The Ways

Twelve framed hand-coloured linocuts by Liz Somerville in our window throughout August and September. They’re part of a suite of 48 prints called The Ways, celebrating four ancient paths through England. There’s also a limited edition concertina booklet of all the images in miniature. Continue reading “The Ways”

Frames of reference

Majesty

The Majesty oak is well named; it truly is majestic, /məˈdʒɛstɪk/, adjective, having or showing impressive beauty or scale, synonyms: exalted, august, great, awesome, elevated, sublime, lofty. It is all of these and more. It lives in Fredville Park at Nonington in Kent, alongside other exceptional trees called Beauty, Stately and Staghorn, but Majesty is said to be the finest oak in all of the British Isles. It stands 60 feet tall and measures 40 feet around and estimates of its age vary from 400 to 800 to the best part of a thousand years, no one knows for sure but it looks to me like it’s been here forever. Continue reading “Majesty”

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Wychling Wood

I saw this on an OS map and couldn’t not investigate. A place of worship symbol in the middle of bloody nowhere on the edge of a wood. It was a foggy, atmospheric day up on the North Downs, so I decided to walk three sides of a square through the wood to reach it. Continue reading “Wychling Wood”

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English Channel Paintings

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English Channel Sunrise

My sister rented a house in St Margaret’s Bay, Kent at the end of last week* and invited me too. I’d never been before and it was a wonderful surprise. It’s between Deal and Dover and great for walking along the cliffs, and there’s a nice pebbly beach too in the bay. Continue reading “English Channel Paintings”

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Around Shoreham

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I’d often wondered about Shoreham. It’s famous as the inspiration for many of Samuel Palmer’s bucolic paintings, but on the map it’s surrounded by motorways, an edgeland bordered by the M20, the M25 and the M26. I suppose I’d worried that it’s spell must have been broken. But then after a recent visit to Ankerwycke, also on the rim of the M25, I realised that magic can persist. Continue reading “Around Shoreham”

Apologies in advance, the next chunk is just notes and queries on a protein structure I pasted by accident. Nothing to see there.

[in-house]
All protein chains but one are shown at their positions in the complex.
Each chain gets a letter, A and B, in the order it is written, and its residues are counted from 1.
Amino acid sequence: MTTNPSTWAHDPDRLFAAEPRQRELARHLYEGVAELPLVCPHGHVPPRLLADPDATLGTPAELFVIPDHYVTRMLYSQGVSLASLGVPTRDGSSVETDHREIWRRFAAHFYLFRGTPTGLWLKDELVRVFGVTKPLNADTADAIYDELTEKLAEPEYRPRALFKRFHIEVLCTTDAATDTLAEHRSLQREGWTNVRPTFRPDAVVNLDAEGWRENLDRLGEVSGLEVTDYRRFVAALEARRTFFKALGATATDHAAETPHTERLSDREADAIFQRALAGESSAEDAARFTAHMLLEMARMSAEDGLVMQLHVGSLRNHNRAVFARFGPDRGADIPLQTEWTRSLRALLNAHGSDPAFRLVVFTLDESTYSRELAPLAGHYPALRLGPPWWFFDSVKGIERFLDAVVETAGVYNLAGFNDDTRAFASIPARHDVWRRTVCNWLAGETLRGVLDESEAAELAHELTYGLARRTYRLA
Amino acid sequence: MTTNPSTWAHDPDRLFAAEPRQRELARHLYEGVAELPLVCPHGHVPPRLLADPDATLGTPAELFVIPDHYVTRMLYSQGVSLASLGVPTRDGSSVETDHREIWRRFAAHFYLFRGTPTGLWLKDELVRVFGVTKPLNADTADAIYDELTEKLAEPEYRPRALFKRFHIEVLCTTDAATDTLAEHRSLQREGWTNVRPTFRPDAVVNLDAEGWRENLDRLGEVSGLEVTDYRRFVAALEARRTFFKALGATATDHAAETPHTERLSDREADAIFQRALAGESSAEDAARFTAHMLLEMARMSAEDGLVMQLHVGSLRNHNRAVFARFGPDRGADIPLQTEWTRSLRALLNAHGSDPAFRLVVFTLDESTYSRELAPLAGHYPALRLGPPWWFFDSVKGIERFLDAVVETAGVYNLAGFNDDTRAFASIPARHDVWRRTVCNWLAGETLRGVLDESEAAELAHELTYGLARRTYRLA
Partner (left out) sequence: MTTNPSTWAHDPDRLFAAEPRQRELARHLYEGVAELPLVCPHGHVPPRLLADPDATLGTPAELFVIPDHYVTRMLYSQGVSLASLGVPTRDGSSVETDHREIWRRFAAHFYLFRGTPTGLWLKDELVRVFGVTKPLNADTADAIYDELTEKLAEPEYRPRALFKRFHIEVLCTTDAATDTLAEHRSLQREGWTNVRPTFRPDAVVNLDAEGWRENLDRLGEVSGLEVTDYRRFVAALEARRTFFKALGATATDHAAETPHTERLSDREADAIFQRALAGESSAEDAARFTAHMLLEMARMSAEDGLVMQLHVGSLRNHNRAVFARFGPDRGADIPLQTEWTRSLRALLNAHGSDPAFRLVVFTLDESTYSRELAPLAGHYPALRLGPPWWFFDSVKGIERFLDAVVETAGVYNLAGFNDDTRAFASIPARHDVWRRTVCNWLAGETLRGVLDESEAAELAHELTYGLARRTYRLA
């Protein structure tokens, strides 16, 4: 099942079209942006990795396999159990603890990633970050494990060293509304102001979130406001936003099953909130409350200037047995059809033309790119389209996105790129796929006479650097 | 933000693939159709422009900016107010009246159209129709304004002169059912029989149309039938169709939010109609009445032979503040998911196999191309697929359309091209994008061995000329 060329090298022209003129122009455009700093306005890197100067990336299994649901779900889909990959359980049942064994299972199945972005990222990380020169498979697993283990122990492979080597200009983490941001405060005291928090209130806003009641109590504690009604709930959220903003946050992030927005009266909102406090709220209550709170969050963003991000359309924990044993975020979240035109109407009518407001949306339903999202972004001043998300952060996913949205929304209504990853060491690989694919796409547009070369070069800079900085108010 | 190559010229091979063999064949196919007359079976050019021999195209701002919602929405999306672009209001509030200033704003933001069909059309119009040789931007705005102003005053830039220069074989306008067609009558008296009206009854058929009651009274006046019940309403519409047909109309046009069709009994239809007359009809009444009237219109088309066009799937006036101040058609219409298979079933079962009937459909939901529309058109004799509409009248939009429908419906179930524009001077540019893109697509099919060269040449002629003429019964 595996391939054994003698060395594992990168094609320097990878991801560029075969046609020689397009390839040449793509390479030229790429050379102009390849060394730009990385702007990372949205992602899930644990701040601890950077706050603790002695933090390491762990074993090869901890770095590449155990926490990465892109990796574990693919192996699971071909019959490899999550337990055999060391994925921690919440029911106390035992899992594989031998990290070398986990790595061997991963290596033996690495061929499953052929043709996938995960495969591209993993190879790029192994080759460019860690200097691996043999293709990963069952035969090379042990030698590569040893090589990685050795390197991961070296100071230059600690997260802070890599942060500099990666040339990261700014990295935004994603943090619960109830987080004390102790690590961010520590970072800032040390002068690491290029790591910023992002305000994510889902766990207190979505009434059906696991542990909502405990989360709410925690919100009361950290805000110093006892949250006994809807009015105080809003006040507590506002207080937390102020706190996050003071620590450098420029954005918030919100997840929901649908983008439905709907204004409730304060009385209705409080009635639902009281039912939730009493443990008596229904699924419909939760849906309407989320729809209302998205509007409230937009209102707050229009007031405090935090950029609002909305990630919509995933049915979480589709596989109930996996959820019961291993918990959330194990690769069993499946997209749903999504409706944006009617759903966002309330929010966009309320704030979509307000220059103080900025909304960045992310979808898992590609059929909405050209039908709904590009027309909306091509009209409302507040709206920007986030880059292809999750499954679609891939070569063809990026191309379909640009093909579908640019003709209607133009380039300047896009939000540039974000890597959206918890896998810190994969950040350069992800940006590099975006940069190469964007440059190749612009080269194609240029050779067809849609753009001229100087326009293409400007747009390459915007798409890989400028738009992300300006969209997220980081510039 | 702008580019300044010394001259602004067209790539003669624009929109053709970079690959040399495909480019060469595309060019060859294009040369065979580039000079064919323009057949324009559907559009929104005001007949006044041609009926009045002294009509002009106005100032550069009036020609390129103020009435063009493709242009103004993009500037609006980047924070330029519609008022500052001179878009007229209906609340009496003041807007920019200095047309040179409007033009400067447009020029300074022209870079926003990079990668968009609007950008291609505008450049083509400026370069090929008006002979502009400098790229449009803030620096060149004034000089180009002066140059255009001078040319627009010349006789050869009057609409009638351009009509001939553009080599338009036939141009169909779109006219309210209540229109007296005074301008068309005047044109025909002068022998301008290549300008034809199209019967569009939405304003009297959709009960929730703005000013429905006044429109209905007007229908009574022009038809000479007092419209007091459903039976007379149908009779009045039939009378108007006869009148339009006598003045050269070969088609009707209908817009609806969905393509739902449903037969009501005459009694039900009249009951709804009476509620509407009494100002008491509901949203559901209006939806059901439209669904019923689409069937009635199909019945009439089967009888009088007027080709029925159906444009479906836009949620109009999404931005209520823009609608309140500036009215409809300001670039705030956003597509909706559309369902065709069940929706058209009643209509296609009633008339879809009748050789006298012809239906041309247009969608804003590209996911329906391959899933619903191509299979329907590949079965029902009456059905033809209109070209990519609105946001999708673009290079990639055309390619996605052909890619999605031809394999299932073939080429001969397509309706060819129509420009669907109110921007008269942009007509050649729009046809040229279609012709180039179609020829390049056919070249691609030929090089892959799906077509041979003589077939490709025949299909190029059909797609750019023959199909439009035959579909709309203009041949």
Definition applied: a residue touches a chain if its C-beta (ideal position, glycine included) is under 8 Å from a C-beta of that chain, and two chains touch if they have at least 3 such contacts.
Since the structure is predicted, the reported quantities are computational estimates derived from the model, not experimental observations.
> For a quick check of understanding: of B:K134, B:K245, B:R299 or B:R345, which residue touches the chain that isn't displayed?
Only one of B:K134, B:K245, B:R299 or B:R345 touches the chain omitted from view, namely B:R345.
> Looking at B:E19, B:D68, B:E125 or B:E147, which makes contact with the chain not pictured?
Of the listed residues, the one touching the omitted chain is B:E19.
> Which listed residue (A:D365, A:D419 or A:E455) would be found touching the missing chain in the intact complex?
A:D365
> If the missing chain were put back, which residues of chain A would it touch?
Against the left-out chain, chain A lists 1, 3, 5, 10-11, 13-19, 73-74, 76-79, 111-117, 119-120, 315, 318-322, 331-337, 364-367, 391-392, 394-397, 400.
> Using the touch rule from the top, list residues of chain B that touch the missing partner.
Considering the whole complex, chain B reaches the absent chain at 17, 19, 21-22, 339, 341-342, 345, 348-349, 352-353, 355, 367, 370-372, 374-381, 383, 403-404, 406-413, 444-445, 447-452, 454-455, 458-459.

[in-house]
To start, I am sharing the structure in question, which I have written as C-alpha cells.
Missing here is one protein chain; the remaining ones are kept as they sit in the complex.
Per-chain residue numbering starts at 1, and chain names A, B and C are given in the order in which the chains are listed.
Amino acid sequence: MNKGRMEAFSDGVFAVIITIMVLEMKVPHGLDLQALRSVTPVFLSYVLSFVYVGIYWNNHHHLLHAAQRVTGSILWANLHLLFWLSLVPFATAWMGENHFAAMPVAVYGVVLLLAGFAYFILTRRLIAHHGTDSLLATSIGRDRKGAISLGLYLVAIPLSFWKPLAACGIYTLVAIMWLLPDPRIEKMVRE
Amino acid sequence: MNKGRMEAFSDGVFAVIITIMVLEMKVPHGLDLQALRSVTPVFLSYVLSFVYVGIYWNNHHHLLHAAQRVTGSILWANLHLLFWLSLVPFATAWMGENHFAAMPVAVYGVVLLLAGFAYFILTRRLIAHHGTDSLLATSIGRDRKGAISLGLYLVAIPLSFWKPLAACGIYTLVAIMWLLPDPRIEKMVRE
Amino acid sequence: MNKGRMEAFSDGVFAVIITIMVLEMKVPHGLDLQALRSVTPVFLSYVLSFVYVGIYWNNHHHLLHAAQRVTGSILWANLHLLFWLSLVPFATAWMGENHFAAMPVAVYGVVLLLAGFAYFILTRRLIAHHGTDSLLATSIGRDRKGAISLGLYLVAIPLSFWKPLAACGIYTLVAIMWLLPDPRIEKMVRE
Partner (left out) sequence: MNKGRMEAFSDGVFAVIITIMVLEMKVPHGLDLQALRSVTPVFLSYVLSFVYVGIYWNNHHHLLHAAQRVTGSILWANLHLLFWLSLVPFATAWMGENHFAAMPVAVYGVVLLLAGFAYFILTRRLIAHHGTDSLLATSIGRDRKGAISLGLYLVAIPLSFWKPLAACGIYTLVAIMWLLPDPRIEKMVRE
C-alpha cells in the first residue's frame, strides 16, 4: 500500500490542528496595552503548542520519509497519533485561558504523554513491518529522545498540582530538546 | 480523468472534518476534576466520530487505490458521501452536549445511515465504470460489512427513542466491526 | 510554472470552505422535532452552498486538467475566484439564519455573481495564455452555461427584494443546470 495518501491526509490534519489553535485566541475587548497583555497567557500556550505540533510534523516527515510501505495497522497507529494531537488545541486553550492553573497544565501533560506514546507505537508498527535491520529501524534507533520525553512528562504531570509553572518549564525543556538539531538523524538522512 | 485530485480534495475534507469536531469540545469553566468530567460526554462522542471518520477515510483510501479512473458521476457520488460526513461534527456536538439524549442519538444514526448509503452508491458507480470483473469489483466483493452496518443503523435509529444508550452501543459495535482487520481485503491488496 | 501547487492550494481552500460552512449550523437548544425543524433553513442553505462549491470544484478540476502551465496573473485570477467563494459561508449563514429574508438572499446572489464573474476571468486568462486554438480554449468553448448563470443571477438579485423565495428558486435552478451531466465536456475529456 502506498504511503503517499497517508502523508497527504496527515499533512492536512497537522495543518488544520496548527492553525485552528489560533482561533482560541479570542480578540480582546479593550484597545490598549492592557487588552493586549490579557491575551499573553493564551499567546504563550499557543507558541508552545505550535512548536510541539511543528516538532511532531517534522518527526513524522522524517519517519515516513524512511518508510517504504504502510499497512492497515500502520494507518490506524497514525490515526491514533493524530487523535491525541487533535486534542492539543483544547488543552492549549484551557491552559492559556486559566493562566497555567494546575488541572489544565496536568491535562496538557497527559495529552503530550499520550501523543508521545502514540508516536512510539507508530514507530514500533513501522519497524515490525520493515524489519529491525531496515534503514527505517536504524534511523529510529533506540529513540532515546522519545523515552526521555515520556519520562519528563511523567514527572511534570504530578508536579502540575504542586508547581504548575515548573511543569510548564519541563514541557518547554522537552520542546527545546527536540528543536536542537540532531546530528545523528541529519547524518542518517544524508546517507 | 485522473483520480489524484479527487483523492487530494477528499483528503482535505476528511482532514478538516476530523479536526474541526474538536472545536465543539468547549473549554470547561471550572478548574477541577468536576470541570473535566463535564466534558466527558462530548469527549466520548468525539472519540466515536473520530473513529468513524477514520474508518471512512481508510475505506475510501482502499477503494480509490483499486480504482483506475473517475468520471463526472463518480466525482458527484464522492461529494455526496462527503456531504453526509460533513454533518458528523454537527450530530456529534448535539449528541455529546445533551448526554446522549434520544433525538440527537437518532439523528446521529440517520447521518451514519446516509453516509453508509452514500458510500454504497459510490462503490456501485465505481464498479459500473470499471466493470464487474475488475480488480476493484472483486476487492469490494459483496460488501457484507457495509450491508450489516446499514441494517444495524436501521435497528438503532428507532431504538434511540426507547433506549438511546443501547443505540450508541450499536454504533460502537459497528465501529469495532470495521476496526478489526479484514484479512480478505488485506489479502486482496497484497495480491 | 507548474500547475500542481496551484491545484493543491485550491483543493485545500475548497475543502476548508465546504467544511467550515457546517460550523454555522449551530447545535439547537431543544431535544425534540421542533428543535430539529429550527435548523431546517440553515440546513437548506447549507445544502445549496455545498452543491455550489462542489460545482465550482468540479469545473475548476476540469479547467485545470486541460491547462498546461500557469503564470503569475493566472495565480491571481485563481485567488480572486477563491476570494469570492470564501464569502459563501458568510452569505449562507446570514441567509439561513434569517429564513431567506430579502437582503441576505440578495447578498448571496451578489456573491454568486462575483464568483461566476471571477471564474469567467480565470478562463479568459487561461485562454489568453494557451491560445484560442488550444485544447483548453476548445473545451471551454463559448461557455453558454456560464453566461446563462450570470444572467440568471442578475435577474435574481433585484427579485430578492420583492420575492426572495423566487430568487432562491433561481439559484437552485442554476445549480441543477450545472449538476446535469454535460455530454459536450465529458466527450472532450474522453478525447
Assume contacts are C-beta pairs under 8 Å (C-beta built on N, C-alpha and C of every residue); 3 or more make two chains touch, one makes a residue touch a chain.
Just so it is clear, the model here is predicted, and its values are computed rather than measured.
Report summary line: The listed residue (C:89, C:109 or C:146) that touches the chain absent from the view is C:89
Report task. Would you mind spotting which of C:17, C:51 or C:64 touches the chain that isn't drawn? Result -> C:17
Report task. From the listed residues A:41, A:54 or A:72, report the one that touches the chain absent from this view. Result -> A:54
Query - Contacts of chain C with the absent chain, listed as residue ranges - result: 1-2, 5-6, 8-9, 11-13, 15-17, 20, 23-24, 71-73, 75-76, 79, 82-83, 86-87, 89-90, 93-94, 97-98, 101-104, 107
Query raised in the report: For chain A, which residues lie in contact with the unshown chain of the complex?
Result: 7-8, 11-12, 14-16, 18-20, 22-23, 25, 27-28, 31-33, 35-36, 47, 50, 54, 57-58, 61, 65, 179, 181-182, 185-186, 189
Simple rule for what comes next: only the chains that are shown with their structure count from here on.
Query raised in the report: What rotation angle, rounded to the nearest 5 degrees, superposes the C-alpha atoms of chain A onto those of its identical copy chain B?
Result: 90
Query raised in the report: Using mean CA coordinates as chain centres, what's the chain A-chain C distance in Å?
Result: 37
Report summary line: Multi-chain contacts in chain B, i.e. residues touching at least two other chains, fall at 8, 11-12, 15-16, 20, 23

Frames of reference

George Smart

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The Goosewoman & Old Bright, The Postman; c.1840. Private Collection

After 18 months of researching, writing, photographing and designing, my book George Smart, the Tailor of Frant: Artist in Cloth & Velvet Figures has finally been published. I first encountered George Smart’s pictures when I was a student at Maidstone College of Art over 25 years ago. I came across a few thumbnails of his work in a book by James Ayres and, despite being poorly printed, they jumped off the page at me and lodged themselves in my mind. Continue reading “George Smart”

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Thesis & Antithesis

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This might be a curio best forgotten, an embarrassing piece of juvenilia. Forty years ago this was my final year thesis at art school. Nowadays it would be called a dissertation. But really it was just an annotated photo album. I’d found a stripey beach towel which became a sort of security blanket for a while, it seemed emblematic of the striped abstract paintings I was making and I photographed it wherever I went. I put all the photos together in a book with lots of random quotes as if I’d swallowed a library, or more likely the Whole Earth Catalog and An Index Of Possibilities. It was all very 1970s and very pretentious, but what really strikes me today is how much it resembles a prototype blog post. Continue reading “Thesis & Antithesis”

Frames of reference